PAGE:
How Orthopaedic Practices Can Strengthen Relationships with Primary Care Providers

As an orthopaedic specialist, referrals from primary care providers (PCPs) are a critical part of keeping patients coming in the door. It is important to strengthen your relationship with referring PCPs if you want them to keep sending patients to you.

There are a few things that you can do to keep referring physicians happy and help ensure that they will continue to send you patients who need your help.

1. Communication is key.

This is by far the most critical part of maintaining a good relationship with referring PCPs. To effectively treat referred patients, you need to know their medical histories. Likewise, a patient’s PCP needs to know your treatment plan to be able to effectively treat the patient in the future. It’s important to find an efficient way to share information with PCPs so that you can avoid frustration.

Sharing documentation is important, but you should also try to actually speak with your patient’s PCP to give updates on the patient’s progress. Doing so could help you improve the outcome for the patient, which is a win for everyone. Establishing regular communication with your patients’ PCPs gives you a chance to ask any questions you may have about the patient’s medical history. When a patient’s care is a collaborative effort, the patient gets the best treatment possible.

2. Consider creating a referral agreement.

Another problem that can sometimes arise is that it can be a long wait between the time of the referral and the time the patient actually receives care. If referred patients consistently have to wait weeks and even months to receive care, PCPs may start referring to patients to orthopaedic doctors with shorter wait times.

If your practice is really busy, there may not be much you can do to help the situation, but a referral agreement is one way to help alleviate this problem. With a referral agreement, you can set the expectations ahead of time so there aren’t any delays in the process. You can create a set referral process, arrange for communication, and do what you can to make the process easier on referring PCPs.

3. Meet face-to-face with PCPs.

You don’t necessarily have to arrange a sit-down dinner to meet with PCPs, but an in-person visit can certainly go a long way to getting you the referrals you want. This gives you a chance to explain your specialties and the procedures you offer. If you can, provide some sort of promotional item that you can leave behind with your contact information. A simple business card or magnet will suffice, but a pen or notepad would work too. This will help to keep your practice top-of-mind, so that PCPs think of you when their patients need an orthopaedic surgeon.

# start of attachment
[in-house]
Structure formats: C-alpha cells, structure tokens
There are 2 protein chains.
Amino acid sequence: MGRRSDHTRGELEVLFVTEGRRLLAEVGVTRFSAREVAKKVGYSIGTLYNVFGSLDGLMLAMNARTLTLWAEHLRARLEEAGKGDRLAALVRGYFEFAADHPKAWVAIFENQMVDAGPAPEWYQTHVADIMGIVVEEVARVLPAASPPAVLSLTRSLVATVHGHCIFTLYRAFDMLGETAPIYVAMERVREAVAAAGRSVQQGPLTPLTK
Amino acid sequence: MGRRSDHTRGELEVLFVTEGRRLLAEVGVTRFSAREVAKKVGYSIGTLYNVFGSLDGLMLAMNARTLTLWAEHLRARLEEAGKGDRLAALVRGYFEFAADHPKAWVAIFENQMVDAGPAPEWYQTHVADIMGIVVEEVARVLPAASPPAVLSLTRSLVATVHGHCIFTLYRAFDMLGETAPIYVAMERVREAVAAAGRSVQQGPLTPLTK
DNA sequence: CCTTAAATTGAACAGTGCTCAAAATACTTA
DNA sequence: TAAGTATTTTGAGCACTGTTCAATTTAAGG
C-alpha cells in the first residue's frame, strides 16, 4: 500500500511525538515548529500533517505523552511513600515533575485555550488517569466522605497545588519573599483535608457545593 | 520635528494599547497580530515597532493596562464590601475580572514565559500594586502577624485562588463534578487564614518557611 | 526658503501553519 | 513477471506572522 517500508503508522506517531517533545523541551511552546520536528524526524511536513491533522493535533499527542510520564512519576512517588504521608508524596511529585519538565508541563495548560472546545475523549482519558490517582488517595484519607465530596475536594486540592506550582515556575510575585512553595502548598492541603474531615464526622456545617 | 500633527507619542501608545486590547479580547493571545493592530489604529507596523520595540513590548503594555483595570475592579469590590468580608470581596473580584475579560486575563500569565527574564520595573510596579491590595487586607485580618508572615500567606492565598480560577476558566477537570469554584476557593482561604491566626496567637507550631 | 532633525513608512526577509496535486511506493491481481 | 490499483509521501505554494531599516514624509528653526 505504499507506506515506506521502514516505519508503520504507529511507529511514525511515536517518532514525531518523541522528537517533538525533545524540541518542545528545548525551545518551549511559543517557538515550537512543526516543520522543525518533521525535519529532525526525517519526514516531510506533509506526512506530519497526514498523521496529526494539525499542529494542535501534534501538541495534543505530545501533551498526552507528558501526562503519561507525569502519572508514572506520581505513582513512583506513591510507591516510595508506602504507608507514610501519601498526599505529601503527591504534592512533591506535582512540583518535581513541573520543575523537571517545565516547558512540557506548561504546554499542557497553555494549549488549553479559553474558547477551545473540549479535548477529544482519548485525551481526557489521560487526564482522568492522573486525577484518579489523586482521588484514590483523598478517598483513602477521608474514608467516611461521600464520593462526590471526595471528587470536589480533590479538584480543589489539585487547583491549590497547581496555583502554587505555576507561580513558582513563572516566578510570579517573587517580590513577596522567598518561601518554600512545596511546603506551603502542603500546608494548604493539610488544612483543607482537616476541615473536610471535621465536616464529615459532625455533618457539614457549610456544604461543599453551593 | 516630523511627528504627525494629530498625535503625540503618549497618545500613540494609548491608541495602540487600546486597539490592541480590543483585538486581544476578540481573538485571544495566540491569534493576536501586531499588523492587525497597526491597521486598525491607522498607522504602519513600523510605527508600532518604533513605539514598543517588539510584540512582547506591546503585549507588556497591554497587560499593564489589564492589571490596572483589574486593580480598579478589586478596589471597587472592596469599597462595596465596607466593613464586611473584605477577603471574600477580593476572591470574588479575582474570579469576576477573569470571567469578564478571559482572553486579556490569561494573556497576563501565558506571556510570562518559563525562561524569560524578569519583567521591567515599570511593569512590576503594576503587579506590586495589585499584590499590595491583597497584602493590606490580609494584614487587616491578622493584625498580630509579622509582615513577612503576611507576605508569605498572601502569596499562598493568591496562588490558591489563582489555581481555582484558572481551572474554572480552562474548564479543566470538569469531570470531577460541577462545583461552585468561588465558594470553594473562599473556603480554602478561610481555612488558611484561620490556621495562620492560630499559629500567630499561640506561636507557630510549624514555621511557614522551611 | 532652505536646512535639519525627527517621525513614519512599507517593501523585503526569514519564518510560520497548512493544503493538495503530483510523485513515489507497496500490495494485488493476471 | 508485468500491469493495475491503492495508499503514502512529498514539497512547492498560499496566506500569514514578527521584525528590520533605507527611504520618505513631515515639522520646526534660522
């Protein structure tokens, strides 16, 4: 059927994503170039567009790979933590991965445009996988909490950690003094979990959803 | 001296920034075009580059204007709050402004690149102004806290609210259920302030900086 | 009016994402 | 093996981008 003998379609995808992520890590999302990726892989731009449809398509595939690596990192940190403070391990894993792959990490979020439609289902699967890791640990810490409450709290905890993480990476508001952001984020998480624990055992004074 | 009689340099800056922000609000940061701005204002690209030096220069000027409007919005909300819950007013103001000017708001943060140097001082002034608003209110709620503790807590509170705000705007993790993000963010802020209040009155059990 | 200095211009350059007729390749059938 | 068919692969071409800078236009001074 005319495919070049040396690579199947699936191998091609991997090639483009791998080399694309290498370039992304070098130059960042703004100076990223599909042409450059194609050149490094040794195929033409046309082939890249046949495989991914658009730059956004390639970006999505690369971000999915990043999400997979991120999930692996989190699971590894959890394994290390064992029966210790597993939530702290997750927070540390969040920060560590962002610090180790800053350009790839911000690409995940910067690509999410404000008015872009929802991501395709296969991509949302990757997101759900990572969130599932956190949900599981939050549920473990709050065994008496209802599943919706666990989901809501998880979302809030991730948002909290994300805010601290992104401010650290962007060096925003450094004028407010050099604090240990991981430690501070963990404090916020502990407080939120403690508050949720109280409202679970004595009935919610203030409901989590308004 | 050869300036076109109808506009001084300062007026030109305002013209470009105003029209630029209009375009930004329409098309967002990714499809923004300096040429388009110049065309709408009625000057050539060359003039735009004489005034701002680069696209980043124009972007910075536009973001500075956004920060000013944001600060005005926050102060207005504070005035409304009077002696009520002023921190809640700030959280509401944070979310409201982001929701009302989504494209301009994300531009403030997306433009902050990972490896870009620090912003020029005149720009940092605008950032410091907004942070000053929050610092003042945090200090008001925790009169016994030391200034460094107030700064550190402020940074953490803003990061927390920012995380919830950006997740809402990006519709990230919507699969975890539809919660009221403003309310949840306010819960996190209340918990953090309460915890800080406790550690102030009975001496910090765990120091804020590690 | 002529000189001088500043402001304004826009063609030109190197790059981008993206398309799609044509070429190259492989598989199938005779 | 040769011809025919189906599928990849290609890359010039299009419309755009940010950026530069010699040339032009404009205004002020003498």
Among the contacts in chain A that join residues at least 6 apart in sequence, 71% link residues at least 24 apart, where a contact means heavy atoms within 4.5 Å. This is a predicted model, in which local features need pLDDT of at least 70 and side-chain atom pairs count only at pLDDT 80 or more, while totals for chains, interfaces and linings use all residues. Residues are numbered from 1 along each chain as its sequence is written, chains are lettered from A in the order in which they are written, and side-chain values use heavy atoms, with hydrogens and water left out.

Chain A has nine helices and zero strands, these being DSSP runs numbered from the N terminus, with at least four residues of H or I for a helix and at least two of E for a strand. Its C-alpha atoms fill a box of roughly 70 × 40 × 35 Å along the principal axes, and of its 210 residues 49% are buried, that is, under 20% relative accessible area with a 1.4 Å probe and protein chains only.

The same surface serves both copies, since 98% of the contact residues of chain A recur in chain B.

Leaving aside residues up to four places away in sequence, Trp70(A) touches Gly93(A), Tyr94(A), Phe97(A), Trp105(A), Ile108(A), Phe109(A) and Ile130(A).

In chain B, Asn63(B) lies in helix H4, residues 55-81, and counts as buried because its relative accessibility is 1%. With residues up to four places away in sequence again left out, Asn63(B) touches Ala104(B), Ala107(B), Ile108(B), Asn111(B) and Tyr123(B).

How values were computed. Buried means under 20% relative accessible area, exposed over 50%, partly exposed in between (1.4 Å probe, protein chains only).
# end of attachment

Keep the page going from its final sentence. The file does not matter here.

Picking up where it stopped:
4. Try to streamline the referral process.

Frustrations with the referral process could prevent PCPs from recommending you in the future. Do what you can to make the process as easy on referring PCPs as possible. As we discussed above, a referral agreement is a good way to lay out the process ahead of time. However, there are more specific things you can do to make the process go smoothly.

PCPs may get frustrated if they have to call you and wait on hold to refer a patient. A fax referral line may be the easiest and quickest method of sending and receiving referrals. Just be sure to contact the patient and the referring physician in a timely manner so that everyone is kept in the loop. You may also want to add a link to referral forms and instructions on your website so that referring PCPs can easily access the information they need. This will help to ensure that you get all of the information you need for the referral right away, and the process won’t be held up while you try to contact the PCP for more information.

Doximity can also be a great option for streamlining the referral process. If both you and the primary care provider are on Doximity, you can quickly and easily share important patient information through the network’s secure, HIPAA-compliant messaging and fax features.
PCPs can be a valuable asset to an orthopaedic practice if you maintain a good relationship with them. If you communicate often and make it easy for physicians to refer patients, you may become their go-to specialist anytime a patient needs an orthopaedic surgeon.

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